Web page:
saying born this way makes it sound like if she could she would chose a

Saying born this way makes it sound like if she could

This preview shows page 3 - 5 out of 10 pages.

saying “born this way” makes it sound like if she could she would chose a different life, which is in fact not the case. Miller also believes that it shouldn’t matter what your sexuality is, humans should all be treated as equals. 6. Straight Girls Kissing , written by Rupp & Taylor (p.43) While women kissing other women has become increasingly mainstream and sometimes encouraged, the act of men kissing one another continues to be stigmatized. Why is our culture more accepting of women kissing each other in public, at parties, and in movies while rejecting the same behavior in men? According to Rupp and Taylor, women are thought to be more “sexually fluid” than men. So in general, women can get away with kissing or being sexual with the same sex and still be considered straight. What role does social construction play in the social acceptance of straight women kissing? How are these activities policed through social control? Well a social construction of woman kissing woman are like the examples shared in this section; songs like “I kissed a girl” or things like “Top 10 chick kissing scenes”. These are normal things we see in our culture, but you don’t see this with men. For some reason it’s a social norm for a girl to kiss another girl at a social setting and still remain straight, but it's not the same if a guy were to kiss another guy. How does the act of straight women kissing contradict dominant notions of matching sexual behaviors, sexual desires, and sexual identities? How is this contradiction comparable to “dude sex” discussed in Ward’s article, “Straight Dude Seeks Same”? This contradicts it, because in the scenario of a straight woman kissing another straight women their sexual behavior and sexual identities are not their same. Also their sexual desires are somewhere in the middle depending on what their motivation is. This is similar to “dude sex” because in that scenario those men’s sexual identities are straight, but their sexual behaviors are by societal standards bisexual or homosexual. Their sexual desire could be either depending on the man.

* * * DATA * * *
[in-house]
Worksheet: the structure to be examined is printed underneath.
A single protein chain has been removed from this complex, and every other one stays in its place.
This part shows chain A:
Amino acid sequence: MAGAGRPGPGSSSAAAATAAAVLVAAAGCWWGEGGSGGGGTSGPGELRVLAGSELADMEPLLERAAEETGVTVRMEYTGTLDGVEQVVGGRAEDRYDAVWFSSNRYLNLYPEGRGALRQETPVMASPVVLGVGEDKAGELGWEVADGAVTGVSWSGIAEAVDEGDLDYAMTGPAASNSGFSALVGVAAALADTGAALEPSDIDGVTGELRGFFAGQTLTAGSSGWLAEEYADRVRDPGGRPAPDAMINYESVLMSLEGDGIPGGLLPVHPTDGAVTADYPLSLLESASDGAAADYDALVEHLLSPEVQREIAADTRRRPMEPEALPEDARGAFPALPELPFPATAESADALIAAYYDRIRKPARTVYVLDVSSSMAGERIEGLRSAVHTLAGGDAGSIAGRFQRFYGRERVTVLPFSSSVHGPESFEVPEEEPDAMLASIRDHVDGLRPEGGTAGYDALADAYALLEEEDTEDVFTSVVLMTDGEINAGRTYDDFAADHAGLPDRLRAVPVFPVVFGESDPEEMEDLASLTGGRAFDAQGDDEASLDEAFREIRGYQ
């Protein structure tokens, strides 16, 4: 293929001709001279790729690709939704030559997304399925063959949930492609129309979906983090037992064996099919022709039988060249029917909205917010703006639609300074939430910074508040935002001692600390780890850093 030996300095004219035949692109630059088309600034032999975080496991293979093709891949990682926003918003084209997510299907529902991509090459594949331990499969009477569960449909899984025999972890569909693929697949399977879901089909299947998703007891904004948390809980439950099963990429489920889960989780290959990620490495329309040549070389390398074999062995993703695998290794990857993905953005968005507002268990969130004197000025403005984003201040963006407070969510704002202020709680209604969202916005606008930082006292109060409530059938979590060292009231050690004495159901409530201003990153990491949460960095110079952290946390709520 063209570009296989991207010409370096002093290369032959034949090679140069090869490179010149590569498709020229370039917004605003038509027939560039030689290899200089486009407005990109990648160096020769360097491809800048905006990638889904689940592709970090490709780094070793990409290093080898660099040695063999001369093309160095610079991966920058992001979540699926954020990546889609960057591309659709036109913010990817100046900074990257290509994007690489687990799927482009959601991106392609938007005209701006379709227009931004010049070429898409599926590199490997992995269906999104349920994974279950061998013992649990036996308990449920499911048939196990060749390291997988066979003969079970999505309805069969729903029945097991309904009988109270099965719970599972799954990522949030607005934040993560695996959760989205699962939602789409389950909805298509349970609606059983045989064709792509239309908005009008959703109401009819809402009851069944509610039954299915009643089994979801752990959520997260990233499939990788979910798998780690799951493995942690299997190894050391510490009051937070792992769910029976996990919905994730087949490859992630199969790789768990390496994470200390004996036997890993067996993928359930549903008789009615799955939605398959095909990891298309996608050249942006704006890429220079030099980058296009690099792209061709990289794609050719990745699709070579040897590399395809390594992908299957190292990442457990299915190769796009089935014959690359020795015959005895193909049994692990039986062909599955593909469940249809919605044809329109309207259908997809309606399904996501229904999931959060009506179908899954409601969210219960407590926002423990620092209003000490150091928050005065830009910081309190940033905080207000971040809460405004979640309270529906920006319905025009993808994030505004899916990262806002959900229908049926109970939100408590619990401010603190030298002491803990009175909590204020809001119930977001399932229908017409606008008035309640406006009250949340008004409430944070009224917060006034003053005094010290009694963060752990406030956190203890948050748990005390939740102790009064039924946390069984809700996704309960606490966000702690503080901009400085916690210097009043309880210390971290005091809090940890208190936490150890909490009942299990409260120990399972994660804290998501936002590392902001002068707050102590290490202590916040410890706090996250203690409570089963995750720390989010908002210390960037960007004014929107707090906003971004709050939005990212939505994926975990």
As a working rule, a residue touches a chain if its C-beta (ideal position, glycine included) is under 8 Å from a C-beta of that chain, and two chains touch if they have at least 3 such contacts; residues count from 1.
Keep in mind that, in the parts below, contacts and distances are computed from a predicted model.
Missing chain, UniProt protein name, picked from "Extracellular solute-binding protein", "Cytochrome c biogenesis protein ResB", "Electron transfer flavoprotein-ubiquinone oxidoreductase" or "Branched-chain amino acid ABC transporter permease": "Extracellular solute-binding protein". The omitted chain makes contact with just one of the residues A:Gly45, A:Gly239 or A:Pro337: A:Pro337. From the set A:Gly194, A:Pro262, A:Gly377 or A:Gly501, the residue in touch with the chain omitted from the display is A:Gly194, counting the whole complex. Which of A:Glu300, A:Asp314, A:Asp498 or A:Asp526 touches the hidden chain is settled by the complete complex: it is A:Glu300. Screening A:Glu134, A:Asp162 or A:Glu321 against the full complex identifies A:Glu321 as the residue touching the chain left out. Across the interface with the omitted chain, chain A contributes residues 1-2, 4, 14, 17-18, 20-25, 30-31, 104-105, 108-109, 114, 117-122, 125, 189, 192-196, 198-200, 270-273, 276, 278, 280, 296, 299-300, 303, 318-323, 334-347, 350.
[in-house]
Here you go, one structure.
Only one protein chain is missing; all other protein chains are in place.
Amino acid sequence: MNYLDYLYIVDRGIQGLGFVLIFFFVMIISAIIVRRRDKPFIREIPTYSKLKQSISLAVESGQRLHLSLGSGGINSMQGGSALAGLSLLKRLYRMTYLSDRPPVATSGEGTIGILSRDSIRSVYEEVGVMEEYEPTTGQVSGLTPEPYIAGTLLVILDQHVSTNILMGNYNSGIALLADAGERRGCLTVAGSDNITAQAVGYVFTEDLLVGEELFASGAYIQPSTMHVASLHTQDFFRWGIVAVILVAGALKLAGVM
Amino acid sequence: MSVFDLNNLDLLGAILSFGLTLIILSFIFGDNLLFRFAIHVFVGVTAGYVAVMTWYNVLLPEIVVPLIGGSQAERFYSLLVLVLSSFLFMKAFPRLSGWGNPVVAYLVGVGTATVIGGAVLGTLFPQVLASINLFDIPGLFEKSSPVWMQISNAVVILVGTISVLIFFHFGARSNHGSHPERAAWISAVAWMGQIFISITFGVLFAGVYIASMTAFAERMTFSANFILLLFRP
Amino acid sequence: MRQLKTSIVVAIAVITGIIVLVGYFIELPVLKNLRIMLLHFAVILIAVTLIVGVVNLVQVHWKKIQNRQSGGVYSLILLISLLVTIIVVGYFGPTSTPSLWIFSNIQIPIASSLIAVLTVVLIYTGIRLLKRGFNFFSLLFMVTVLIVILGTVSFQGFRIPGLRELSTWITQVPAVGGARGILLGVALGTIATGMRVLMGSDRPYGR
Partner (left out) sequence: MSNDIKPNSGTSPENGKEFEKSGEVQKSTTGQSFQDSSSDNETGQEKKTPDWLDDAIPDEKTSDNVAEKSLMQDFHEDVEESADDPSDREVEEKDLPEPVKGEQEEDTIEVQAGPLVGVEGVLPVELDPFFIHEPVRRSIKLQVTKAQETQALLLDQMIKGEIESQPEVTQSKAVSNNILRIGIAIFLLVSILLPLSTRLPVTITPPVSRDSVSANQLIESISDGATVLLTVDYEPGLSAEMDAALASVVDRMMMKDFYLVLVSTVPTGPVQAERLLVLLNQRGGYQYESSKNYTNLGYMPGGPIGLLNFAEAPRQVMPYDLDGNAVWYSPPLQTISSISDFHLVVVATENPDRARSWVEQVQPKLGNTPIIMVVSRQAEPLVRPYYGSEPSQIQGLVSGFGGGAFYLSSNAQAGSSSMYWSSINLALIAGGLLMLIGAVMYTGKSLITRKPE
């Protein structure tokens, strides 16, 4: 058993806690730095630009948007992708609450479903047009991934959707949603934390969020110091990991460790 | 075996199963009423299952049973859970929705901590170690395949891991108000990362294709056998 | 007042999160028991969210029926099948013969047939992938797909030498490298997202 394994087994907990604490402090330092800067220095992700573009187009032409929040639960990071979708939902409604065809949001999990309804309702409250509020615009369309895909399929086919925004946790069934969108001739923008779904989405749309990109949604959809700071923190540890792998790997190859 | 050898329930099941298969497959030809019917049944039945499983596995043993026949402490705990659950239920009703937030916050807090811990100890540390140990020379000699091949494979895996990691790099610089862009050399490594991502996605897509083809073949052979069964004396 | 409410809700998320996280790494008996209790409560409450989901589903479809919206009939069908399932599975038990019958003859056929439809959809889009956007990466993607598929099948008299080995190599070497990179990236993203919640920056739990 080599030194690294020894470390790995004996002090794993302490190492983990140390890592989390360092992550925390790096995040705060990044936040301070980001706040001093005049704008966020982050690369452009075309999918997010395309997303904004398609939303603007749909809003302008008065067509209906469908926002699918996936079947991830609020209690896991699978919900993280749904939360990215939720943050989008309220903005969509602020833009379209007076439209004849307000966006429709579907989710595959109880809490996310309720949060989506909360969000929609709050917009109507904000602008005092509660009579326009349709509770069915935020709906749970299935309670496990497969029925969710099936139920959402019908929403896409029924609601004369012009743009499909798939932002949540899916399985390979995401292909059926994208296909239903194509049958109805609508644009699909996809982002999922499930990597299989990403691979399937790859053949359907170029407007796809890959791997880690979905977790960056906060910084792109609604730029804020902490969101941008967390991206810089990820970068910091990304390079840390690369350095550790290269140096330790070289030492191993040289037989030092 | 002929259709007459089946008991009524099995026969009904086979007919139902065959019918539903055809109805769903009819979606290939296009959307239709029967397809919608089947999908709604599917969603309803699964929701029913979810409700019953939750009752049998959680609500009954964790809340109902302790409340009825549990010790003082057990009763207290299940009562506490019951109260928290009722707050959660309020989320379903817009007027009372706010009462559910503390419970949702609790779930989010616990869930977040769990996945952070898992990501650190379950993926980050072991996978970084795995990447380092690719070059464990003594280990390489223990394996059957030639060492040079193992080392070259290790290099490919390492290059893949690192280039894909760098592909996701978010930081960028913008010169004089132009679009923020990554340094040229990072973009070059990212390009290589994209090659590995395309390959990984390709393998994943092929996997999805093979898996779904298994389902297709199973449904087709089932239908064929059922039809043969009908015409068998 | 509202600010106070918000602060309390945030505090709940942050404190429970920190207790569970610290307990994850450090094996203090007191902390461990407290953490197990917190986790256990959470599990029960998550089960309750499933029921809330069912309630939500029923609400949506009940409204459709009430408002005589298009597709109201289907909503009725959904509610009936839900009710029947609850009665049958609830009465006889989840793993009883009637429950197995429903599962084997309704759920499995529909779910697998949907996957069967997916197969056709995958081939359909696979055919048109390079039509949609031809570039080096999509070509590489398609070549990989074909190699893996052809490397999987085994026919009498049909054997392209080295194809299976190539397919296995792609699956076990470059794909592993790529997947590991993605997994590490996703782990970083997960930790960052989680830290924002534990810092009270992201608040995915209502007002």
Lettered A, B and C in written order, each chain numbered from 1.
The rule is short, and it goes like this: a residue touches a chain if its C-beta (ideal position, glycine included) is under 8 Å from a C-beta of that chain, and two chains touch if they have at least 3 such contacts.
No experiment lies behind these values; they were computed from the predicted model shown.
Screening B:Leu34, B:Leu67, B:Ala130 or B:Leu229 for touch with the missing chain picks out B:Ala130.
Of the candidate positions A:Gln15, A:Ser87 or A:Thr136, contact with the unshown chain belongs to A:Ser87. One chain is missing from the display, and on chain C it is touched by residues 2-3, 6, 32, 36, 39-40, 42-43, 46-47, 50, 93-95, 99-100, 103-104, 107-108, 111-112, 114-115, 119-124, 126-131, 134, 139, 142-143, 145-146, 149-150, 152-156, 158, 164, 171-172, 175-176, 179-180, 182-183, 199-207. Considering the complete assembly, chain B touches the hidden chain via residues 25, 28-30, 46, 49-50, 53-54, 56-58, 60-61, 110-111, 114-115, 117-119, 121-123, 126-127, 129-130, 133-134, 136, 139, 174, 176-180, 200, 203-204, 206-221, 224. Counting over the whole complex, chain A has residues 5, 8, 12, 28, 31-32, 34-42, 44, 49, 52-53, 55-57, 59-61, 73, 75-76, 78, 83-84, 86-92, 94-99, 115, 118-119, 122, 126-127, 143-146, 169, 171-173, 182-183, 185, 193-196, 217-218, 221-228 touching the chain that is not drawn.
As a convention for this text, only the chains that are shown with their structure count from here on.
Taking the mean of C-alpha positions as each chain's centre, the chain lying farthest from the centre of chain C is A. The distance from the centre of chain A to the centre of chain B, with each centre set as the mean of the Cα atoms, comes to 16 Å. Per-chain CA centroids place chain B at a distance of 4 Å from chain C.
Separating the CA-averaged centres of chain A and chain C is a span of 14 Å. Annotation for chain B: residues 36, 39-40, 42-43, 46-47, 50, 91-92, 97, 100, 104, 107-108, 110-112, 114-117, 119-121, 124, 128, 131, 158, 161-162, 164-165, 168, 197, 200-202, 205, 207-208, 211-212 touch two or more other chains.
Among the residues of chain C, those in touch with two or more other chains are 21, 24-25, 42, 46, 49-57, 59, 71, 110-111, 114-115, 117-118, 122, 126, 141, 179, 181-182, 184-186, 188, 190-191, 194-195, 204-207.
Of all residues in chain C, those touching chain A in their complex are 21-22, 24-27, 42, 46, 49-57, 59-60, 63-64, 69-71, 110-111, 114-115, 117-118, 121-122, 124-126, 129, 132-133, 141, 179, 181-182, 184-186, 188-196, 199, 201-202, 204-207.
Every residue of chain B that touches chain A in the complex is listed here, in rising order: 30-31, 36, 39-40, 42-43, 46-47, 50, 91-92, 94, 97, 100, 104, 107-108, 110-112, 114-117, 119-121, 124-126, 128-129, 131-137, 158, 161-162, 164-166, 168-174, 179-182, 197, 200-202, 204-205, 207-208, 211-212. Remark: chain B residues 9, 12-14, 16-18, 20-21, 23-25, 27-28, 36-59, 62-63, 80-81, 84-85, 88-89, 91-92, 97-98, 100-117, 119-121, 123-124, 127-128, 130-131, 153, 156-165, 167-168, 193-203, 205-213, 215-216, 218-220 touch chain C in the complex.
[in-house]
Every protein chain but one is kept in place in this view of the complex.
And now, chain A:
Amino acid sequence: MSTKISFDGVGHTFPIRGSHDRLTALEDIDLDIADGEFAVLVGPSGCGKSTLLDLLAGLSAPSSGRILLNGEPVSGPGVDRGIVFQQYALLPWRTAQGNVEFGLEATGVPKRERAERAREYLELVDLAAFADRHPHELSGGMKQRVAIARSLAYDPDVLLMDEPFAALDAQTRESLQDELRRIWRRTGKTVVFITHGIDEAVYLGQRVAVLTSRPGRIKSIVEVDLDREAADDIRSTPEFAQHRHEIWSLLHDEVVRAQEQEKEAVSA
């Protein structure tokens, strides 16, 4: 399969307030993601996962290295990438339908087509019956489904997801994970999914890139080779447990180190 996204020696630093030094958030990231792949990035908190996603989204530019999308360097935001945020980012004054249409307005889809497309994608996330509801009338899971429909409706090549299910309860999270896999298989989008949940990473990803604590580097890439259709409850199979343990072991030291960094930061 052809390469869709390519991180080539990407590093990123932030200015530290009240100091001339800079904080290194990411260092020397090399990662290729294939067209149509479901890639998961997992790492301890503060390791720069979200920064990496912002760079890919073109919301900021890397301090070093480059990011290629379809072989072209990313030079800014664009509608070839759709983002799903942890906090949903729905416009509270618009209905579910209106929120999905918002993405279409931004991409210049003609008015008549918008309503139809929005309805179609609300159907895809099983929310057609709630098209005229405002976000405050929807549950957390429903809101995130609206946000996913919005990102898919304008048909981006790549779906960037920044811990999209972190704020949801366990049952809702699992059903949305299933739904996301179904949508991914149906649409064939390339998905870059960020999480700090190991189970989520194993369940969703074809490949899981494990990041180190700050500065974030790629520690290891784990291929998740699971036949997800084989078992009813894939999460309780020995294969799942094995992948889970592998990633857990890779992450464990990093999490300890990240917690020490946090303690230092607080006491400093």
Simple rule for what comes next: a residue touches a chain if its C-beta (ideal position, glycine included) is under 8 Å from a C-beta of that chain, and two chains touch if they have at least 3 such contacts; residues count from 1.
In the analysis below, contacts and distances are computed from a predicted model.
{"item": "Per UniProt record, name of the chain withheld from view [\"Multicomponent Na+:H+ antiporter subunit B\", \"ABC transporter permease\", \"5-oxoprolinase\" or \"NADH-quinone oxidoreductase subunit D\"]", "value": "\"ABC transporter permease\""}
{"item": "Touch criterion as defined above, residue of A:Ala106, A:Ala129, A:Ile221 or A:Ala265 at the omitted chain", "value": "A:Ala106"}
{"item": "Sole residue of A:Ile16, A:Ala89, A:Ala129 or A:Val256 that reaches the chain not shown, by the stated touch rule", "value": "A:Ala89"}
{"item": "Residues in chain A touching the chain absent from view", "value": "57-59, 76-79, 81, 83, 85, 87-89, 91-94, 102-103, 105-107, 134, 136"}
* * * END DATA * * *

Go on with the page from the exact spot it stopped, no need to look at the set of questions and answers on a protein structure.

Rupp and Taylor reference the “male gaze,” whereby men are the viewers and women are the viewed. Is there an equivalent “female gaze”? How are the power dynamics different when women are the viewers? I think that their are certain things about a man that women tend to notice if they are sexually attracted to them, but I don’t think the “female gaze” is as overpowering in our society as the “male gaze” is. We see the “male gaze” in movies, tv shows, music videos, etc. Chapter 2: Sections 1-2 1) Alfred Kinsey and the Kinsey Report

  • Left Quote Icon

    Student Picture

  • Left Quote Icon

    Student Picture

  • Left Quote Icon

    Student Picture